Britons Seem to Have More Tolerance for Salty Language

David Cameron, a leader of Britain's Conservative Party, made news with his language on live radion last week. But generally speaking, Britons are more tolerant of vulgarity than Americans.
David Cameron, a leader of Britain's Conservative Party, made news with his language on live radion last week. But generally speaking, Britons are more tolerant of vulgarity than Americans. (© Andrew Winning/reuters - Reuters)

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By Karla Adam
Special to The Washington Post
Thursday, August 6, 2009

LONDON -- It was perhaps ironic that when David Cameron, the leader of Britain's opposition party, swore on live radio last week, he did so seconds after saying he doesn't use Twitter for fear of spluttering something stupid.

He then played on the word twit, inventing a past tense of the term that some people here regard as a swear word. An apology swiftly followed.

It may just boost his ratings. The swearing, that is, not the apology.

Like pints, tea and gardening, expletives are woven into the social fabric of British life, and while not everyone runs around letting it rip like celebrity chef Gordon Ramsay, they hardly go faint at the sound of profanity. Americans remained shocked for years after hearing President Richard Nixon using vulgarities on White House tapes and Vice President Richard Cheney stunned the nation by telling a senator, in public, what he could do to himself. Treasury Secretary Timothy Geithner, according to the Wall Street Journal, was the focus of muttered tut-tuts for his own blue-chip blue streak directed at regulators just last week.

Sometimes the British tolerance bar is several notches higher.

Take the C-word, which prompted convulsions in some American circles when Jane Fonda uttered it on the "Today" show (she was talking about her role in the play "The Vagina Monologues").

In Britain, it can be heard in pubs across the country, merrily bandied about among males as a term of affectionate teasing. It can be seen in plays and movies, such as Alan Bennett's Broadway hit "The History Boys," and Ian McEwan's book "Atonement," later adapted into an Oscar-nominated film. It can be heard reverberating throughout soccer stadiums where it is mindlessly chanted, choruslike, by thousands of fans for several minutes at a time.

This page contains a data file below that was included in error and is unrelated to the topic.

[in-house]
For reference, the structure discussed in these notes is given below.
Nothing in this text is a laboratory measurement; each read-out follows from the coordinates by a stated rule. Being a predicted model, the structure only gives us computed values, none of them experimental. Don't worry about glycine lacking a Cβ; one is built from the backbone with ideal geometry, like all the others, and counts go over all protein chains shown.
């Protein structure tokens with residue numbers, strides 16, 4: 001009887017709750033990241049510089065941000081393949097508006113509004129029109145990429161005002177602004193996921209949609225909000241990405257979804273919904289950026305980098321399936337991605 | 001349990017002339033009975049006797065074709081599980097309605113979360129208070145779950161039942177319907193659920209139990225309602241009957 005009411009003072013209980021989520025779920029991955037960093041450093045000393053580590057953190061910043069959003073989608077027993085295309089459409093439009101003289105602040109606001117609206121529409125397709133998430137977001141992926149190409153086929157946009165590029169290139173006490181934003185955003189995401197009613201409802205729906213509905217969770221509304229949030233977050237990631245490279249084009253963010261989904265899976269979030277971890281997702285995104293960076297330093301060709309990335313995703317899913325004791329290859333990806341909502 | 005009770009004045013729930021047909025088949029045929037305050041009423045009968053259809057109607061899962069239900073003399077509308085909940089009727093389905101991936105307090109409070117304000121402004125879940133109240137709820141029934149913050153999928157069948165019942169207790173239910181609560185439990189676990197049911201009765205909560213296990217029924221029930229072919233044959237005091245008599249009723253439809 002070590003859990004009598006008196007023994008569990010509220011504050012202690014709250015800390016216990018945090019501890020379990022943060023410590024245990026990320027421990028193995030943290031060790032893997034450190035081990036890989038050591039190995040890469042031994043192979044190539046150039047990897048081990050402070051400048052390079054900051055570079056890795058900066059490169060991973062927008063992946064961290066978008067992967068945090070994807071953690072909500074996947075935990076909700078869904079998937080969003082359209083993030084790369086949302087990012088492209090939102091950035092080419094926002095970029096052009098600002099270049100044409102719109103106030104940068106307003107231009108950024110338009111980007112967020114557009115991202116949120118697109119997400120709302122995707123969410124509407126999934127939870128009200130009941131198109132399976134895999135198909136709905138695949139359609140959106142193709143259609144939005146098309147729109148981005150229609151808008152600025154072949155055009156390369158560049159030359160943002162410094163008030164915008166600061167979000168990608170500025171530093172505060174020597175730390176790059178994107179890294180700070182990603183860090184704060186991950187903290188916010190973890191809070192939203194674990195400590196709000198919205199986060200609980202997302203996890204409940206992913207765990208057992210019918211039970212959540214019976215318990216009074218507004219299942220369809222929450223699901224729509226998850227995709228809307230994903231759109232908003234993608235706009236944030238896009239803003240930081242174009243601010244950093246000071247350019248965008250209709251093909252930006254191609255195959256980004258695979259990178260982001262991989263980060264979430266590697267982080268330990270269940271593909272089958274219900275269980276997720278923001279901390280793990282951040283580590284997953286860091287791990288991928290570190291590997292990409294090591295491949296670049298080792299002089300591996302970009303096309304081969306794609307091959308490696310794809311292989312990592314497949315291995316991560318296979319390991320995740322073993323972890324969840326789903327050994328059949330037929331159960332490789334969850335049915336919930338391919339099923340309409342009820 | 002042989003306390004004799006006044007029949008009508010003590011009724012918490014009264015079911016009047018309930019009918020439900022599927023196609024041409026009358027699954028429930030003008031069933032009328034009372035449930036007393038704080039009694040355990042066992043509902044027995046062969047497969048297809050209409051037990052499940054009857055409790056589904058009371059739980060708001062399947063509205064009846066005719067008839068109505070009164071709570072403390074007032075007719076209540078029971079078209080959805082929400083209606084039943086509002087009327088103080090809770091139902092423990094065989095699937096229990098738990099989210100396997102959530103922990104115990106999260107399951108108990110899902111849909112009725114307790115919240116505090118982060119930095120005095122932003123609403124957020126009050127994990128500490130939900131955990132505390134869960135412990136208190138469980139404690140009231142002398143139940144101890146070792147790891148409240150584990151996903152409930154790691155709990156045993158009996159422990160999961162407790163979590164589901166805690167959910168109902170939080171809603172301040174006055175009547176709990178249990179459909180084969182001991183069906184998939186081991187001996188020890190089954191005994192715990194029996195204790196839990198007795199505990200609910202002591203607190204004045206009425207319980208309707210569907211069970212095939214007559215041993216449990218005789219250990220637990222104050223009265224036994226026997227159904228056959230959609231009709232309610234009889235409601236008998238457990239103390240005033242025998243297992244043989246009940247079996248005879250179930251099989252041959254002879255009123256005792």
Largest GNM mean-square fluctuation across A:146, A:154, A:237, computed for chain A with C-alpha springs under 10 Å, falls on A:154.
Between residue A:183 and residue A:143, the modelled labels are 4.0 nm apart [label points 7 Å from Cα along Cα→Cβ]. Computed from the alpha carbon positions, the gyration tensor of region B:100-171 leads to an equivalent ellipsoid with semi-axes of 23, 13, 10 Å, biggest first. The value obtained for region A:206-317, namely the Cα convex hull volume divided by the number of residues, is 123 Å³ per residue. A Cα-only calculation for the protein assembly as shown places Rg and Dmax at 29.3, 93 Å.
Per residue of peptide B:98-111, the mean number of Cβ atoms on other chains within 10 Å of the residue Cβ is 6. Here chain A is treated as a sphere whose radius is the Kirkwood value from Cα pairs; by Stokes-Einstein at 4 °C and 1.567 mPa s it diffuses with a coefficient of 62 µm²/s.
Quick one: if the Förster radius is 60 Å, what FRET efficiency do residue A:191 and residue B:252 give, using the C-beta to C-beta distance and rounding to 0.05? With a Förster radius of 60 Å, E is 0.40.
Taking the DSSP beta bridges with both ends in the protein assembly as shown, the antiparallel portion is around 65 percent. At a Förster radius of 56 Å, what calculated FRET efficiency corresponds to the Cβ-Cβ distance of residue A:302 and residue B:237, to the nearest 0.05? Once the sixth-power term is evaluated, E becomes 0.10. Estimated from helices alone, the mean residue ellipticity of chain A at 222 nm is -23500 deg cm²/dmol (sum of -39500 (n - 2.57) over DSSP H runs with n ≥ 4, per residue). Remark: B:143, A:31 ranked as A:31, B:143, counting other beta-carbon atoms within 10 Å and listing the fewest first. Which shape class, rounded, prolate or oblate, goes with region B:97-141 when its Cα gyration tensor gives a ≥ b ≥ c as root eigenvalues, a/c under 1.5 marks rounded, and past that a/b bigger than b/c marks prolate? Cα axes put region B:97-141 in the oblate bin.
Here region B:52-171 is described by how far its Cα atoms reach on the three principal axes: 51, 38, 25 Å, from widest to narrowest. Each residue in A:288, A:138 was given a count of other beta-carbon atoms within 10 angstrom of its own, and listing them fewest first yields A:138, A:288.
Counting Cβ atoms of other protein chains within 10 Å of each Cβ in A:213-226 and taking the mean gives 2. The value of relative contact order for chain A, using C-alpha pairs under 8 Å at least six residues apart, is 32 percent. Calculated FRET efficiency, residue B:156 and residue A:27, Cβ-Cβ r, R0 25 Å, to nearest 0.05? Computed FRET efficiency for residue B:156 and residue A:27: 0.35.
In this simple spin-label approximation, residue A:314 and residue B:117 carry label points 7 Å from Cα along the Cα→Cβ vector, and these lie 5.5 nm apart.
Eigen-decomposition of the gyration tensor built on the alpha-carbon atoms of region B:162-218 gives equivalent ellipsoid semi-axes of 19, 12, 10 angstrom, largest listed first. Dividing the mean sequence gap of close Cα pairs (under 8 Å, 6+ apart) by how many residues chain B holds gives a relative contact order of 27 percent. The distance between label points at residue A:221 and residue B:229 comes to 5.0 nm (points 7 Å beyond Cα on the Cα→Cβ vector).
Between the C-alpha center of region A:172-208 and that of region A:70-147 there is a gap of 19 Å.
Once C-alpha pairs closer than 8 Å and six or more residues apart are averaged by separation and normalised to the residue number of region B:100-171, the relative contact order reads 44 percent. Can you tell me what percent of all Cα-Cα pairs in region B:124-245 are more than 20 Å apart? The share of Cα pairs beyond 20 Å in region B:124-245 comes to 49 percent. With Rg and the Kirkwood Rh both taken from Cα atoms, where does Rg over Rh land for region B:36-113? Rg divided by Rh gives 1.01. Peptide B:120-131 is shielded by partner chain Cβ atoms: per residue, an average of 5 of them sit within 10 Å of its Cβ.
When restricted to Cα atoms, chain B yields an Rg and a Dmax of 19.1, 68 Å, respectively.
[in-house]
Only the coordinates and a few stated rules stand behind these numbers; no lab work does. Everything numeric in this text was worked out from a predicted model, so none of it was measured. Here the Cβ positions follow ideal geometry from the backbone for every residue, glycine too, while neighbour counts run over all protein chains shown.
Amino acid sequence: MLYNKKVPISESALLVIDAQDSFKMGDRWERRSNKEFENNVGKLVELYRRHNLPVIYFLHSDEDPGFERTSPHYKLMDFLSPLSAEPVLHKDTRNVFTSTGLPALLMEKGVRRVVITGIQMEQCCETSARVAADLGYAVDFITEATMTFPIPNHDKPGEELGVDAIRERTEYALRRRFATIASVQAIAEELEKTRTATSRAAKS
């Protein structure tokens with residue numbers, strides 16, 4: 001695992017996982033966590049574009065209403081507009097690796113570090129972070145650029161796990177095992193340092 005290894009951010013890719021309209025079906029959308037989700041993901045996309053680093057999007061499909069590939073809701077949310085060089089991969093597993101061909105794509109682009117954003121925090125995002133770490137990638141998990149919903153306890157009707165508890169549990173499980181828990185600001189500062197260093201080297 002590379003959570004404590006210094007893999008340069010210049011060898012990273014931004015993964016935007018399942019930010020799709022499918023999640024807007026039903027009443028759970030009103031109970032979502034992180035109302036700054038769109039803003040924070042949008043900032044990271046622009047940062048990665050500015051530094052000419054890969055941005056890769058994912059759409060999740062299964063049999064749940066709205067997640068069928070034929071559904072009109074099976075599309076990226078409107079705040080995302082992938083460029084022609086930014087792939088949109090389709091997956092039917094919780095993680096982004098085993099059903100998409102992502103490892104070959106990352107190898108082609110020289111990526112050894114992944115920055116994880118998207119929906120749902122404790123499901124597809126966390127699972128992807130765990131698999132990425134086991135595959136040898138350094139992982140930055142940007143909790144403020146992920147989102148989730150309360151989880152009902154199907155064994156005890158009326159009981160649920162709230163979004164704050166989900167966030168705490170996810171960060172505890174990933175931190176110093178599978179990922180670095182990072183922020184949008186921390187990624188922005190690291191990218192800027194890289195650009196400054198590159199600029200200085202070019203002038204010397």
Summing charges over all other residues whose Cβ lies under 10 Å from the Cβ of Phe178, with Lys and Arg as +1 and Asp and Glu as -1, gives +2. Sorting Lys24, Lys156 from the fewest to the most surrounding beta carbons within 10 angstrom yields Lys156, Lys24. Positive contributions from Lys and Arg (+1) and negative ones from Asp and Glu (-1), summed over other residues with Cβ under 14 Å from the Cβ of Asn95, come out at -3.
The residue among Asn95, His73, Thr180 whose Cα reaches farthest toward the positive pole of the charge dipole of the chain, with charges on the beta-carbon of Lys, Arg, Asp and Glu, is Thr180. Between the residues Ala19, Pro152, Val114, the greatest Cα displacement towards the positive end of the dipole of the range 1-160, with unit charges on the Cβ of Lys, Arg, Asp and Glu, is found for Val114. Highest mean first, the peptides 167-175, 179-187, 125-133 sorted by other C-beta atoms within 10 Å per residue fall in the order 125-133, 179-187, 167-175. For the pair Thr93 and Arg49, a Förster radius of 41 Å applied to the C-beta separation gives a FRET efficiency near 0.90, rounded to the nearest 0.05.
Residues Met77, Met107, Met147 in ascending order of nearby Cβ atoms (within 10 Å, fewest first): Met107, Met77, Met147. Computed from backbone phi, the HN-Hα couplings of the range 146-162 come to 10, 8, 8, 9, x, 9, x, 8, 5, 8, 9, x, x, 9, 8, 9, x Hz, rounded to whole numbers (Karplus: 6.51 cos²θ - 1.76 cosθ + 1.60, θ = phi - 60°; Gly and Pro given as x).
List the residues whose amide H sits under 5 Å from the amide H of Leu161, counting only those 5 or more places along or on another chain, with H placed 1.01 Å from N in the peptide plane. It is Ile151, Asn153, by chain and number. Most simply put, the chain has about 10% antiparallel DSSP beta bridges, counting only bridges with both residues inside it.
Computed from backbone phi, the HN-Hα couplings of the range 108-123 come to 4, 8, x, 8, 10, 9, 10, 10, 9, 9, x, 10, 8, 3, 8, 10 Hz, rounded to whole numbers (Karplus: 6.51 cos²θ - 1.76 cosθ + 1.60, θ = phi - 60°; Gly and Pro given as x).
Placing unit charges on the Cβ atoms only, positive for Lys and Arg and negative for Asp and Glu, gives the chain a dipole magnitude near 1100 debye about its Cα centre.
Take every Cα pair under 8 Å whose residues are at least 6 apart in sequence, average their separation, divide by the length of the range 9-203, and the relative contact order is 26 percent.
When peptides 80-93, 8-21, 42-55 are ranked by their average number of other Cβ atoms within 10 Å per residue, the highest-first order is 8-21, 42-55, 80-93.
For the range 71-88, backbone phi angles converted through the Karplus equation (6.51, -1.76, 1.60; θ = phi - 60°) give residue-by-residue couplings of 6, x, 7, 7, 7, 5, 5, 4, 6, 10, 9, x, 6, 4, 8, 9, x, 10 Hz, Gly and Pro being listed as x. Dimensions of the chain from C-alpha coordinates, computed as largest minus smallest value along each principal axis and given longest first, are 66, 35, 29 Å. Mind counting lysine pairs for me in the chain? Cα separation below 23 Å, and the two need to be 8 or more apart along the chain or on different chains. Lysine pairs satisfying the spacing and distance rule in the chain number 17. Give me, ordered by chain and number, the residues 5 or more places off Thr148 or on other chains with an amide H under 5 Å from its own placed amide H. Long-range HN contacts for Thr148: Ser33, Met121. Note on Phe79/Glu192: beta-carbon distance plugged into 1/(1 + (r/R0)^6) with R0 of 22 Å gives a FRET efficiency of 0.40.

Of course using the C-word is considered much, much more than a passing incivility, but as explained in the BBC show "The C-Word: How We Came to Swear by It," it has been hijacked by the middle classes and is no longer the preserve of only aristocrats and the working class.

Issues of class may also be one of the reasons why Americans swear less than their British cousins, said Jesse Sheidlower, author of "The F-Word" and editor-at large of the Oxford English Dictionary, in an interview. Americans buy into the "bogus belief" they live in a classless society and therefore have to be on their best behavior all the time, he said.

And while it's difficult to predict who would win a swear-off between Rahm Emanuel, the White House's chief of staff, and Alastair Campbell, Tony Blair's fiery former press secretary, when it comes to politicians swearing, there is "much less fake outrage in the U.K.," Sheidlower said.

Swearing is far more commonplace here than in the United States, but rude words in the wrong context can sting here as much as anywhere. In one notable example, presenters Russell Brand and Jonathan Ross left abusive phone messages aired on a BBC radio program that became a national talking point and led to a hefty fine and Brand losing his job.

And some Britons shouldn't swear at all, thank you very much. The British Board of Film Classification recently noted in its annual report that nothing guarantees a flurry of complaints like Judi Dench cussing in a film. They even have a name for it: "The Judi Dench effect." "Almost every time Dame Judi swears in a film, regardless of its category, we can expect a number of complaints," the report said. "It seems that she should not use such language."

Indeed, Britons express the entire spectrum of attitudes toward bad language -- some shrug their shoulders, some claim rude words contaminate their soul, some regard them as a matter of free speech and reflector of reality.

As students of British tirades will know, one of the best places for public displays of peppery language is a British awards show, where booze tends to flow more freely than at their American counterparts. At last year's GQ Men of the Year Awards, for example, the pop singer Lily Allen, who imbibed glasses of champagne, said at one point: "Now, we reach a very special point in the evening," to which her clearly annoyed co-host Elton John asked if this meant she was going to pour herself another drink. Allen shot back: "[Expletive] off, Elton. I am 40 years younger than you and got my whole life ahead of me!"

All of this seems miles away from 1965 when Kenneth Tynan, a theater critic, caused an uproar when he said the F-word on British television for the first time: "I doubt if there are any rational people to whom the word [expletive] would be particularly diabolical, revolting or totally forbidden." He was wrong. The House of Commons signed censoring motions. The BBC formally apologized.

Contrast that with Gordon Ramsay, arguably Britain's most famous foul-mouthed export, who reportedly broke British television records himself this past January with the sheer volume of swear words uttered in a television program. At one point the F-word was shouted 30 times in less than two minutes, a rate that would have made even Tony Soprano blush.

"This is getting beyond a joke," Don Foster, a Liberal Democrat MP, said of the show. "When you hear about this much swearing in a single program, you're tempted to utter an expletive yourself."


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